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June Books

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Issue: 46 Section: Literature & Ideas Geography: Canada Topics: poetry

May 27, 2007

June Books

A review of Tyrannosaurus Rex Versus the Corduroy Kid

by Regan Taylor

Photo: House of Anansi

Tyrannosaurus Rex Versus the Corduroy Kid
Simon Armitage
Anansi: Toronto, 2007.

Armitage's eleventh poetry collection first came out in Britain in 2006, where it was promptly shortlisted for the T.S. Eliot prize. Anansi's edition of this book marks Armitage's first Canadian publication; here's hoping it'll bring a wider audience into contact with one of England's greats.

The full range of Armitage's talents is on display in this work. He is at turns prophetic (“A Vision” claims that “the future was a beautiful place, once”) and historical (“The Bayeux Tapestry” is told in the ruthless, exhausted voice of William the Conqueror). He can be tender, as in a trio of quiet, elegiac poems in the voice of a son to a dead father. He can write sonnets that gently mock the irrelevance of both aging squeegee kids (“The Clown Punk”) and poetry itself (“Poetry”); in the latter, the writer's chosen genre is likened to an amazing but sadly overlooked ornamental clock hidden away in Wells Cathedral. Most memorably, Armitage can be funny. His humour is wry and bleak, and never cheap, even with the four-letter words and scatological references. In “The Six Comeuppances,” a man in the throes of an epic mid-life crisis says: “I was all over the place, like the shit / of a mad person.” A punchier simile is hard to find outside the pages of a Raymond Chandler novel.

Armitage takes one of poetry's riskier gambles; instead of using an elevated diction to make poetry out of small things, Armitage takes large, sometimes ambiguous and unsettling ideas and serves them straight up. Aside from some colourful slang new to these eyes (notably: “hoik” and “shonky”), all of Armitage's words come from familiar territory, and you won't catch him relying on polysyllables or fancy word choice to get at his themes. The brand of English here is warm and solid and reassuringly unpretty. Reading these poems, you can almost hear them pronounced in the round, lackadaisical accent of Armitage's native Yorkshire. This is most true in a suite of poems called “Sympathy” (quite possibly inspired by his stint as a probation officer in the 80s, before he became a full-time poet). Each part tells the story of a “case”—some unfortunate victim of violence, economic hardship, or plain old bad luck—and reiterates it through the voice of the perpetrator, in full-blown accent: “Anyways, on t'morning after t'party, / I trogs downstairs, still bolloxed, and gives t'pantry / t'Hans Blix, lookin' for brain-numbin' drugs.” The voices are vengeful, regretful, and above all, human; despite belonging to society's 'misfits', they cut straight to the reader's sympathy.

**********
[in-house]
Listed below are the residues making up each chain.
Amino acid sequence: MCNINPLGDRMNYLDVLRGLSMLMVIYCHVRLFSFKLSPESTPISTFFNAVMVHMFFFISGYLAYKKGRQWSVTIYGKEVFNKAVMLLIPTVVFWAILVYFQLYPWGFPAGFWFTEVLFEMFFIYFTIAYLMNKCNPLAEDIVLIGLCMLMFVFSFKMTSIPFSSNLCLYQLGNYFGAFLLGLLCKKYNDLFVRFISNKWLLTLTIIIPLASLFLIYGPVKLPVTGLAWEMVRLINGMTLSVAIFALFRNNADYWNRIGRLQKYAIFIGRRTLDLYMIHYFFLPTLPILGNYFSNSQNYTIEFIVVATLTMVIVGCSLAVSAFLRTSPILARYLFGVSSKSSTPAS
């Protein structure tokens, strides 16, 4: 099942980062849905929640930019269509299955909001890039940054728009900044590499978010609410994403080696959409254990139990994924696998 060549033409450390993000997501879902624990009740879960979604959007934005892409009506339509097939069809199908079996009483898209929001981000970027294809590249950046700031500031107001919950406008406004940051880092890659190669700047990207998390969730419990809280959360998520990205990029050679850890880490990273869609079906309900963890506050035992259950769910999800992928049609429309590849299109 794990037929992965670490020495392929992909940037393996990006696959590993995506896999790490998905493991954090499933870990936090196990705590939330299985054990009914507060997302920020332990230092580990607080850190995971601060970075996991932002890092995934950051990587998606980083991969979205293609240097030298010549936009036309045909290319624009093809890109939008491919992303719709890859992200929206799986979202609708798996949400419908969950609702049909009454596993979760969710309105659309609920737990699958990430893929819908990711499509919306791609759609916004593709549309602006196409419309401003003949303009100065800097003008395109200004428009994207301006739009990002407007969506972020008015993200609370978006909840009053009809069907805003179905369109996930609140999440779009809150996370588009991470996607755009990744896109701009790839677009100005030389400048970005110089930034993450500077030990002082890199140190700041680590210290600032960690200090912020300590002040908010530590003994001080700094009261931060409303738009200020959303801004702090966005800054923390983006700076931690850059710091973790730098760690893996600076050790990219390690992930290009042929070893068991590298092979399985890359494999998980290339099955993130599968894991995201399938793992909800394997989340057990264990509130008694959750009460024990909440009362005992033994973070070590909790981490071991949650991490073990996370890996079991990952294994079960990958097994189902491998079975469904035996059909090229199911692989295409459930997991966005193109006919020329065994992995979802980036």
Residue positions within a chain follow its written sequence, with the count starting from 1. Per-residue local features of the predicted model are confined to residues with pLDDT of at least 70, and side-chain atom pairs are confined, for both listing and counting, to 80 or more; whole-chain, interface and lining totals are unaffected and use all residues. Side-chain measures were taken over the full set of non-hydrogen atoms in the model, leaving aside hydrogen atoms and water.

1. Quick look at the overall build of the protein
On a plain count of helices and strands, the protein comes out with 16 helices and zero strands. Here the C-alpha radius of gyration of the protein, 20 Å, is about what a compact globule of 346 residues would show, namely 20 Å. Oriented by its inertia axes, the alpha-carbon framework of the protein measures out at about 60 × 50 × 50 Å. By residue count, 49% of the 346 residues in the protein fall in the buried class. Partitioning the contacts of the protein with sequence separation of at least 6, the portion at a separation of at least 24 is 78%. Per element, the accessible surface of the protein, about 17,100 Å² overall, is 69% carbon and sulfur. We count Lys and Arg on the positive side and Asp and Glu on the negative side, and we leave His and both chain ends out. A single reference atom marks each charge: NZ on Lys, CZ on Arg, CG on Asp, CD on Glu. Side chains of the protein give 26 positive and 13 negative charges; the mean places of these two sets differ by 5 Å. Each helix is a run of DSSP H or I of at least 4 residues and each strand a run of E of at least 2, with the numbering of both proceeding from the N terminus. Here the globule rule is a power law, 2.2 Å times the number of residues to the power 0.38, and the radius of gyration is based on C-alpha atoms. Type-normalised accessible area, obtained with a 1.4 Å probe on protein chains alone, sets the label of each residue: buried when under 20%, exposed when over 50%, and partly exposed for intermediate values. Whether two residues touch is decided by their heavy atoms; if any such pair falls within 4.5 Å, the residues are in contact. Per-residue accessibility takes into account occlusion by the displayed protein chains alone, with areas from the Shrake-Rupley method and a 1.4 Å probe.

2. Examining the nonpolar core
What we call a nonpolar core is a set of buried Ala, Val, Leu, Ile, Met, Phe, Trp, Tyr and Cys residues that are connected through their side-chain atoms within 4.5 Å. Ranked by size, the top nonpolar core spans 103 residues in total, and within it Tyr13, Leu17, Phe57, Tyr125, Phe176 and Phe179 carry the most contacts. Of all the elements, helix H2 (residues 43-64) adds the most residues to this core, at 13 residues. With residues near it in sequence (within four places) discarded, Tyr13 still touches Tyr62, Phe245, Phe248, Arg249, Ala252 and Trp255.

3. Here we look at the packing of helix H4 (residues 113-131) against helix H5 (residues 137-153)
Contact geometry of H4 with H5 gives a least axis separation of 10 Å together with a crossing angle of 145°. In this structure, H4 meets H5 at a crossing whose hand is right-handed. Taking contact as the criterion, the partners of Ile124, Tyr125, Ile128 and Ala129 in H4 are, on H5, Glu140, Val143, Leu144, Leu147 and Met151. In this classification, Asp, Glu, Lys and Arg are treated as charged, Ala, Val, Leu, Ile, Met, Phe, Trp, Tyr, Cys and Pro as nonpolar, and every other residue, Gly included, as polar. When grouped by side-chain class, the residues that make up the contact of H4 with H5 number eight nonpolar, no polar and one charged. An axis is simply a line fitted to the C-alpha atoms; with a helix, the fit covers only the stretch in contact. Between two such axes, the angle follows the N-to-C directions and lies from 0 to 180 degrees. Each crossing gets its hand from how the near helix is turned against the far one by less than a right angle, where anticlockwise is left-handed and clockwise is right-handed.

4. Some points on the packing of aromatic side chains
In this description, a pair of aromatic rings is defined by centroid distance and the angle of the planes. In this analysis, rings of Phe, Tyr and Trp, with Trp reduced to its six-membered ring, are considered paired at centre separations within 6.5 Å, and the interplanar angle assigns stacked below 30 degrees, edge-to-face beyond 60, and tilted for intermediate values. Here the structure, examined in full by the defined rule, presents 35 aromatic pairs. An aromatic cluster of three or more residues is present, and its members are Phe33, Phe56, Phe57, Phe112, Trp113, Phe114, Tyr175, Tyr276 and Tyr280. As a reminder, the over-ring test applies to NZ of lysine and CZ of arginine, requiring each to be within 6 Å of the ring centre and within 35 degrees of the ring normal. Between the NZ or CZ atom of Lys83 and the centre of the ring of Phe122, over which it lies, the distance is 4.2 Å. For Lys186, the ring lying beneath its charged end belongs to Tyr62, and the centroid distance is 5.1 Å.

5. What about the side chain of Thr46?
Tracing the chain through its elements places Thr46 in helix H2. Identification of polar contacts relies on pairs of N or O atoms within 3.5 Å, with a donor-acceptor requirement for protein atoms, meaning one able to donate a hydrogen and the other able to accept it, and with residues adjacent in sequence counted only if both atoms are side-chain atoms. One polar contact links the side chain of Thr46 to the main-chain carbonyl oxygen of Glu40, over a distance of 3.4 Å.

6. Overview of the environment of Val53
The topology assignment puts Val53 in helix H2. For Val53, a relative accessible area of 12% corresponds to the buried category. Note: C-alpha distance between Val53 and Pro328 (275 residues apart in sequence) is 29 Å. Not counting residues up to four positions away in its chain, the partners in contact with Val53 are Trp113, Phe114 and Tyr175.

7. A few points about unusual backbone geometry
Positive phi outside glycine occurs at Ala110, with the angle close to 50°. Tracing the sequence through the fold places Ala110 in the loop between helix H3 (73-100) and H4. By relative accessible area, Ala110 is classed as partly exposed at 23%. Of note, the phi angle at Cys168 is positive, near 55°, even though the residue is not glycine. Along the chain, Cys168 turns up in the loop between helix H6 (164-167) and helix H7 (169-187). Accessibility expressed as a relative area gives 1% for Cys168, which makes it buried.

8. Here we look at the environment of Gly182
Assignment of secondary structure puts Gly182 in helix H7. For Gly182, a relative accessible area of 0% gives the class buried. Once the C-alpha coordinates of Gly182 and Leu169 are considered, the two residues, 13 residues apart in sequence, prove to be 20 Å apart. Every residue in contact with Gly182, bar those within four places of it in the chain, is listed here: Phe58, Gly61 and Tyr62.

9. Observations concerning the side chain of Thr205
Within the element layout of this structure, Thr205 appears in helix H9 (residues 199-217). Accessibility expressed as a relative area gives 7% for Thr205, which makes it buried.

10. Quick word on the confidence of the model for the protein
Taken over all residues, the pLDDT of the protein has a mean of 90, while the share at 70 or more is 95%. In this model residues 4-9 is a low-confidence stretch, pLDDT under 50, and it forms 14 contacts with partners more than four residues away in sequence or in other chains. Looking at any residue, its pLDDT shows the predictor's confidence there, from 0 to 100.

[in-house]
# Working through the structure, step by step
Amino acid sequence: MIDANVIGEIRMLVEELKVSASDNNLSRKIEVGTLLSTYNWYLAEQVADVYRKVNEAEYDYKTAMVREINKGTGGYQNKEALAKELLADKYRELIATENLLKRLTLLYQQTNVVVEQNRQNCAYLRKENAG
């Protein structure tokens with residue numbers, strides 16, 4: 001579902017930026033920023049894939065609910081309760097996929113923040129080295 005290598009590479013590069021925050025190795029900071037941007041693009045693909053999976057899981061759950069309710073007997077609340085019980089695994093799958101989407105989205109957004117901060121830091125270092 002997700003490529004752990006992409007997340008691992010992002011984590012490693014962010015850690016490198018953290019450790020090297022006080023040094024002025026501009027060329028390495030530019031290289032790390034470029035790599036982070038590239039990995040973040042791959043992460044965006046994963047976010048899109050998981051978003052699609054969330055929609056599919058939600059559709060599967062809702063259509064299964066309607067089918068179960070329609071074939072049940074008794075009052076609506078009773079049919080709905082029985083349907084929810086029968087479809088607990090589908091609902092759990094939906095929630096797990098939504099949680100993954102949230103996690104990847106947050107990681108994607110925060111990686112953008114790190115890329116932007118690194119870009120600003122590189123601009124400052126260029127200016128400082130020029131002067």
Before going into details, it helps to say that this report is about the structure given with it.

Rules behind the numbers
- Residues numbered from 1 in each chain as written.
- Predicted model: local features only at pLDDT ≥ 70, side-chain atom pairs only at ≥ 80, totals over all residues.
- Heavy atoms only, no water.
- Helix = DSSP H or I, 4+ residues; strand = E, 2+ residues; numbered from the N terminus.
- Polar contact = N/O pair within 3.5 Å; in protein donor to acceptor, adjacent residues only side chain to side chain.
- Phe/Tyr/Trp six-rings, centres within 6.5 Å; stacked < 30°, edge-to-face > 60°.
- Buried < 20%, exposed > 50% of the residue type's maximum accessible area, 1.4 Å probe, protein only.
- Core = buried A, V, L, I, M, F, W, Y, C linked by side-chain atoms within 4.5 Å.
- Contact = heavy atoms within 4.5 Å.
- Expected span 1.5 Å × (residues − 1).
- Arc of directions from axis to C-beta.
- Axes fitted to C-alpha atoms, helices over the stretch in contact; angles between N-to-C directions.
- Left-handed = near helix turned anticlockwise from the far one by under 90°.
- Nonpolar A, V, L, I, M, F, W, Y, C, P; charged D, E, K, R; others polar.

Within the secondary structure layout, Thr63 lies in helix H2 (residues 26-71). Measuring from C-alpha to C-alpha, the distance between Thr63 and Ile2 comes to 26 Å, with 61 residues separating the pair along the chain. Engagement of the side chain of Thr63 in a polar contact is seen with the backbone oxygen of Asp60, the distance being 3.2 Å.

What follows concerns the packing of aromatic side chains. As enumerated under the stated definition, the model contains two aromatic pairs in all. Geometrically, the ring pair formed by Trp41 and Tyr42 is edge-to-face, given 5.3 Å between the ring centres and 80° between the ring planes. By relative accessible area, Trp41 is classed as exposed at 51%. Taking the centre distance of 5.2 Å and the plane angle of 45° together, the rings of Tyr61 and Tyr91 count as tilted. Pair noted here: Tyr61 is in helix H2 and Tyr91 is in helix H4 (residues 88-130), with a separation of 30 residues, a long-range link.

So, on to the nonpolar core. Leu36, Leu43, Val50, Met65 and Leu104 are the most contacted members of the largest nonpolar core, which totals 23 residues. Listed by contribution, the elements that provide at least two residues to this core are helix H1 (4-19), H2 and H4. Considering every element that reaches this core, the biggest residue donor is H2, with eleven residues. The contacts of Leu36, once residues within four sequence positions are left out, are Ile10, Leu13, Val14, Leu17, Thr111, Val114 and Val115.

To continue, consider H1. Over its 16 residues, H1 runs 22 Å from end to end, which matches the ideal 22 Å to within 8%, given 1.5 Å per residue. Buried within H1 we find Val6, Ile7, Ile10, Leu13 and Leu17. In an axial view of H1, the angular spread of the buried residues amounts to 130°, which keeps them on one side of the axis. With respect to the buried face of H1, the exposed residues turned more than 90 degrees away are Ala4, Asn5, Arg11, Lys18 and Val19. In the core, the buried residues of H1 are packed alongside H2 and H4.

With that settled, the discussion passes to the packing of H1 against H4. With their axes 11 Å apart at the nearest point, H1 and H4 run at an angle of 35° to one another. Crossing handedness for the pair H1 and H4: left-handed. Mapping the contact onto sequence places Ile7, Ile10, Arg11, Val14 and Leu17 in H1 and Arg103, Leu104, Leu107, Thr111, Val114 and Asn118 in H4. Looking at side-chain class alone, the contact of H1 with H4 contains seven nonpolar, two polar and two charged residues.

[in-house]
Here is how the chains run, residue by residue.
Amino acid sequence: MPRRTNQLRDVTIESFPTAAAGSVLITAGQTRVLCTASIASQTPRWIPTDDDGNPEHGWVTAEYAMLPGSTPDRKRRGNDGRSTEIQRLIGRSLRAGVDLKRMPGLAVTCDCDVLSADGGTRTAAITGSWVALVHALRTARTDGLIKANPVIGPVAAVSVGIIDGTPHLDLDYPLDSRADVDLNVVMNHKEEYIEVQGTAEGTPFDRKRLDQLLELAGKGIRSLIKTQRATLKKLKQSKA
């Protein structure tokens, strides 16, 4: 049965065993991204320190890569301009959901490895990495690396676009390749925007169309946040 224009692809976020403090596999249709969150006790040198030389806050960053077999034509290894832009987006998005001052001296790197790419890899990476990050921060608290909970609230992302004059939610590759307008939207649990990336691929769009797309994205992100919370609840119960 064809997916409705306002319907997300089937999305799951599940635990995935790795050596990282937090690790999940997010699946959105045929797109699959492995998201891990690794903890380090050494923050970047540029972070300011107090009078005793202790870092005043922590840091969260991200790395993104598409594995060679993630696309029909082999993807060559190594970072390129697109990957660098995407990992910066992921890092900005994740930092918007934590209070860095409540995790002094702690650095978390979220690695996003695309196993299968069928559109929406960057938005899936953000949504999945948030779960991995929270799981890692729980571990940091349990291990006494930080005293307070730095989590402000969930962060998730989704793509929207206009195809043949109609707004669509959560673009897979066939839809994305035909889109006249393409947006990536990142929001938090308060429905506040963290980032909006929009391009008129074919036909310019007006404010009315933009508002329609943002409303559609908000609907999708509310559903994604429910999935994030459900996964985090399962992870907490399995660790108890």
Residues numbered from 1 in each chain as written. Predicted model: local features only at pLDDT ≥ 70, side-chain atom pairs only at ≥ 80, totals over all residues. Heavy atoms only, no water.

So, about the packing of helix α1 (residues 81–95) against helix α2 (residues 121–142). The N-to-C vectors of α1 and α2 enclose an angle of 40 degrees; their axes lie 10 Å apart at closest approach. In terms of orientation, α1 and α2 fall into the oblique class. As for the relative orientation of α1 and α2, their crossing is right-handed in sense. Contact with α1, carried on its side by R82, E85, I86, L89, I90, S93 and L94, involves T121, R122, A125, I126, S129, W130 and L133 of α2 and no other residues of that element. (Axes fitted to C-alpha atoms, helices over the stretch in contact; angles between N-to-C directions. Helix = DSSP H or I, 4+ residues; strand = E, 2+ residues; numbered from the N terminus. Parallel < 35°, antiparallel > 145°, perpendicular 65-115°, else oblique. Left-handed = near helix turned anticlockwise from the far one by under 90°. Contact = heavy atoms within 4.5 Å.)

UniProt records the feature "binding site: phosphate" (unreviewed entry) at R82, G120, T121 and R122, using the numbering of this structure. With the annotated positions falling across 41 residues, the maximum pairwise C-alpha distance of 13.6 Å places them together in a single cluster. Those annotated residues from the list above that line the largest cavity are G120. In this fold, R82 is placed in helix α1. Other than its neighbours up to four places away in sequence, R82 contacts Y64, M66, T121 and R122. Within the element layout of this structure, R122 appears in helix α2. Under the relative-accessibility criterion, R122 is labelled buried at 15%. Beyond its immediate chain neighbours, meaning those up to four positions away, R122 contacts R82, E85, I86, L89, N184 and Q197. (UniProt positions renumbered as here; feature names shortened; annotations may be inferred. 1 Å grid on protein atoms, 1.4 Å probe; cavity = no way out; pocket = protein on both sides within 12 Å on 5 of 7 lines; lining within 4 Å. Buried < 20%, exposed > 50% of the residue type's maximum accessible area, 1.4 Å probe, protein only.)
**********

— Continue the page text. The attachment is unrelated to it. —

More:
This isn't to suggest there isn't plenty of bold, inventive language here—there is. In more than one place, Armitage employs slant rhyme to push slightly unnerving poems over the edge into eerie, trading on that sense of something not quite right. In “The Perverts,” a creepy, insinuating quatrain:

We cornered one coming out of the gym.
Now everyone feels a whole lot better.
We held a buttercup under his chin,
made him kneel, asked him if he liked butter.

Armitage has been called the Philip Larkin of his generation; brief, haunting lines like these make this conparison seem particularly apt.

Mid-way through the book, the reader comes across “Surtsey,” an arresting pair of poems. The first, “Genesis,” riffs on an island formed off the coast of Iceland by volcanic activity in 1963— also, we're told, the year of the poet's birth. Armitage recounts the rapid development of an ecosystem as observed by avid scientists: “And the liquid stone / had barely set when a microbe blew in, / press-ganged by a wind squeezed out of the west[.]” Eventually this new land gets its own “brainless” deity, in the form of a fishing float washed up onshore. The creation of life, and of myths, is on fast-forward in this accelerated, artifice-heavy world. In the companion poem, “Where Are They Now?” the island is a haven for “a waist-high mob” of forgotten child stars and whiz kids, among whom the poet feels, oddly, at home.

Tyrannosaurus Rex includes a sample of Armitage's ambitious translations—portions of Sir Gawain and the Green Knight and The Odyssey bookend the volume, and they're surprisingly fresh for two of the most dreaded college literature class staples. If the excerpts are any indication, Armitage has breathed new life into Odysseus' swagger (“And I was the last man to escape, suspended beneath / the cockiest ram of the lot”), and infused Sir Gawain's gore with appropriately English matter-of-factness (“his bloody neck still bled”). Whether interpreting old work or creating what's new, Armitage never backs away from what's hard to hear, or tell.

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